When Jamie Graham completed his tenure as Vancouver's police chief in 2007, many thought that this ended his influence over local residents.
Over his five-year term, Graham's authoritarian tendencies sometimes became a public issue.
This was particularly true in his responses to Pivot Legal Society allegations of police misconduct in the Downtown Eastside.
He was known back then as a cop's chief—someone who wouldn't fry an officer who became a little overzealous on the job.
He wasn't afraid to take on the Hells Angels or to excoriate critics of the department.
And who can forget the time he dropped a bullet-splattered target from the shooting range on the desk of then–city manager Judy Rogers?
Graham apologized for that, but the incident only reinforced his tough-guy image. It may have even helped him get hired as chief of the Victoria Police Department.
Now, Graham's back again to haunt Vancouverites, this time as chair of the B.C. Association of Police Chiefs traffic-safety committee.
The Vancouver Sun's Kevin Griffin has reported that Graham wants the mandatory-helmet law changed to allow police to seize bicycles if the owner is caught four times riding without headgear.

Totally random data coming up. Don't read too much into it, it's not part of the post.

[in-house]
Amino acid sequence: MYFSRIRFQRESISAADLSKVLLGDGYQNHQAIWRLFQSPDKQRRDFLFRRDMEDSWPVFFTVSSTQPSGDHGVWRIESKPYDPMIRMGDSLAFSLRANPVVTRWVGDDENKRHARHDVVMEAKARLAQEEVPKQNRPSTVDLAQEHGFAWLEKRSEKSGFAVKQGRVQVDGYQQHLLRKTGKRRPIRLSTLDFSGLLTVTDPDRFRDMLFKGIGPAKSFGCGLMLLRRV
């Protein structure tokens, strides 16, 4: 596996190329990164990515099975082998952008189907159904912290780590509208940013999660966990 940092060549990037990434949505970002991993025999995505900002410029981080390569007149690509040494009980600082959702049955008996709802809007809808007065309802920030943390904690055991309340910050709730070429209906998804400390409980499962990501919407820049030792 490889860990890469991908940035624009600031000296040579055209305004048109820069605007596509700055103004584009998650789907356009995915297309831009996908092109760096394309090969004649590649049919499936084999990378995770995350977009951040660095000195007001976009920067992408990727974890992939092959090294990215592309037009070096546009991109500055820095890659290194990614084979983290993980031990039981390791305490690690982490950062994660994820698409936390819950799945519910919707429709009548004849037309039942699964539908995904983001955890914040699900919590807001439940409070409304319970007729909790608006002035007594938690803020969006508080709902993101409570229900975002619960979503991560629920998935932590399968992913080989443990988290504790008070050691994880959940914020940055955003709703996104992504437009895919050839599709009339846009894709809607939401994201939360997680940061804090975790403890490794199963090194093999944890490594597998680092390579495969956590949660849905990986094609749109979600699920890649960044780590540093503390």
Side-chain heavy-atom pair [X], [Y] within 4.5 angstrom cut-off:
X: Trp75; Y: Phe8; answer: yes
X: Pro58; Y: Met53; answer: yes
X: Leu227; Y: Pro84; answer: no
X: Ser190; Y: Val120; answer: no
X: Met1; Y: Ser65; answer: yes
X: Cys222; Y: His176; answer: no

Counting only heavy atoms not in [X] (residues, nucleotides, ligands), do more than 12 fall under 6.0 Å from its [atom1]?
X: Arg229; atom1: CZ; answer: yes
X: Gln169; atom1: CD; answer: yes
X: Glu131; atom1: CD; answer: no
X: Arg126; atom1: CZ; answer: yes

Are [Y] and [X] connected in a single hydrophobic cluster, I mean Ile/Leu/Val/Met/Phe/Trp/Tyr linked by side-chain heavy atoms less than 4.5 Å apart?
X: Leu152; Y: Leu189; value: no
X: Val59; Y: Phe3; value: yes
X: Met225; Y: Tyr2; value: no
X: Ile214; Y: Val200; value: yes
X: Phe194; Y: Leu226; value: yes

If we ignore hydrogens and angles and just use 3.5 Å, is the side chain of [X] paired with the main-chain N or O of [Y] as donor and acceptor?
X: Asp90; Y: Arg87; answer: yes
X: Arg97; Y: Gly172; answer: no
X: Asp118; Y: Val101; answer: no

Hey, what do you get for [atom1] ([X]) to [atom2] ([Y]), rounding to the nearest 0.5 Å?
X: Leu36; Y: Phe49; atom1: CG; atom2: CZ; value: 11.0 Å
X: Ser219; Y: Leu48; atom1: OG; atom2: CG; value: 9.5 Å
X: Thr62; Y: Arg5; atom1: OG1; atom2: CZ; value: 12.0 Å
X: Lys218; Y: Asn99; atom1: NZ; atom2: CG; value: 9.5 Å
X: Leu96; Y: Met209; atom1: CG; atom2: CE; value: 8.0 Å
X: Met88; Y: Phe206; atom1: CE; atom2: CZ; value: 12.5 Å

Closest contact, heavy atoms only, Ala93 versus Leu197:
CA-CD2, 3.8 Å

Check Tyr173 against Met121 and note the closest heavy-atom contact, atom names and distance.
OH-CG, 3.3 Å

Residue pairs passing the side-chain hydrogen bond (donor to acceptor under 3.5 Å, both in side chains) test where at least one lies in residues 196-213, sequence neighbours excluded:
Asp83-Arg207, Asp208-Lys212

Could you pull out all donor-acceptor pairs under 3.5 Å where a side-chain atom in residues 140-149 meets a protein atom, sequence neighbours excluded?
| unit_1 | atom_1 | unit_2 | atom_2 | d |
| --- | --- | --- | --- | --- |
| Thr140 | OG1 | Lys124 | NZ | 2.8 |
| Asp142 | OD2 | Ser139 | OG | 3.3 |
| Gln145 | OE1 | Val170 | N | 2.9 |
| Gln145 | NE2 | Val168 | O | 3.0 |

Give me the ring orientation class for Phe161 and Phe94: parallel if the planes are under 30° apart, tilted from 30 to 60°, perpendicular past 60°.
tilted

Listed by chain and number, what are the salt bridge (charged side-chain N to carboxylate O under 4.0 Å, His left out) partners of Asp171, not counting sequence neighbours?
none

Graham also wants fines sharply increased from $29 for cycling without a helmet.
But the most astonishing part of Griffin's article was Graham's suggestion that if people don't wear a bicycle helmet, they should sign a document forefeiting their right to use the medical system if they suffer a head injury while cycling.
That's pretty mean-spirited, especially when you think of poverty-stricken Downtown Eastside cyclists who can't afford a $60 helmet. Teenagers' prefrontal cortexes haven't sufficiently developed to provide them with the judgement to know when not to take risks.
Graham may not be aware that there is a physician in this province—Dr. Tom Demarco—who supported a legal challenge against the province's mandatory-helmet law.
Believe it or not, there is a public debate over this legislation.
One of the city's best-known cyclists, former city councillor Peter Ladner, told CBC's Mark Forsythe earlier this summer that he thinks the mandatory-helmet law should be repealed.
But Graham still wants police to be able to seize people's two-wheelers.
When Graham appeared on the cover of the Georgia Straight in 2005, the headline read "urban general".
Perhaps a more accurate title would have been "urban generalissimo" in recognition of his latest recommendation.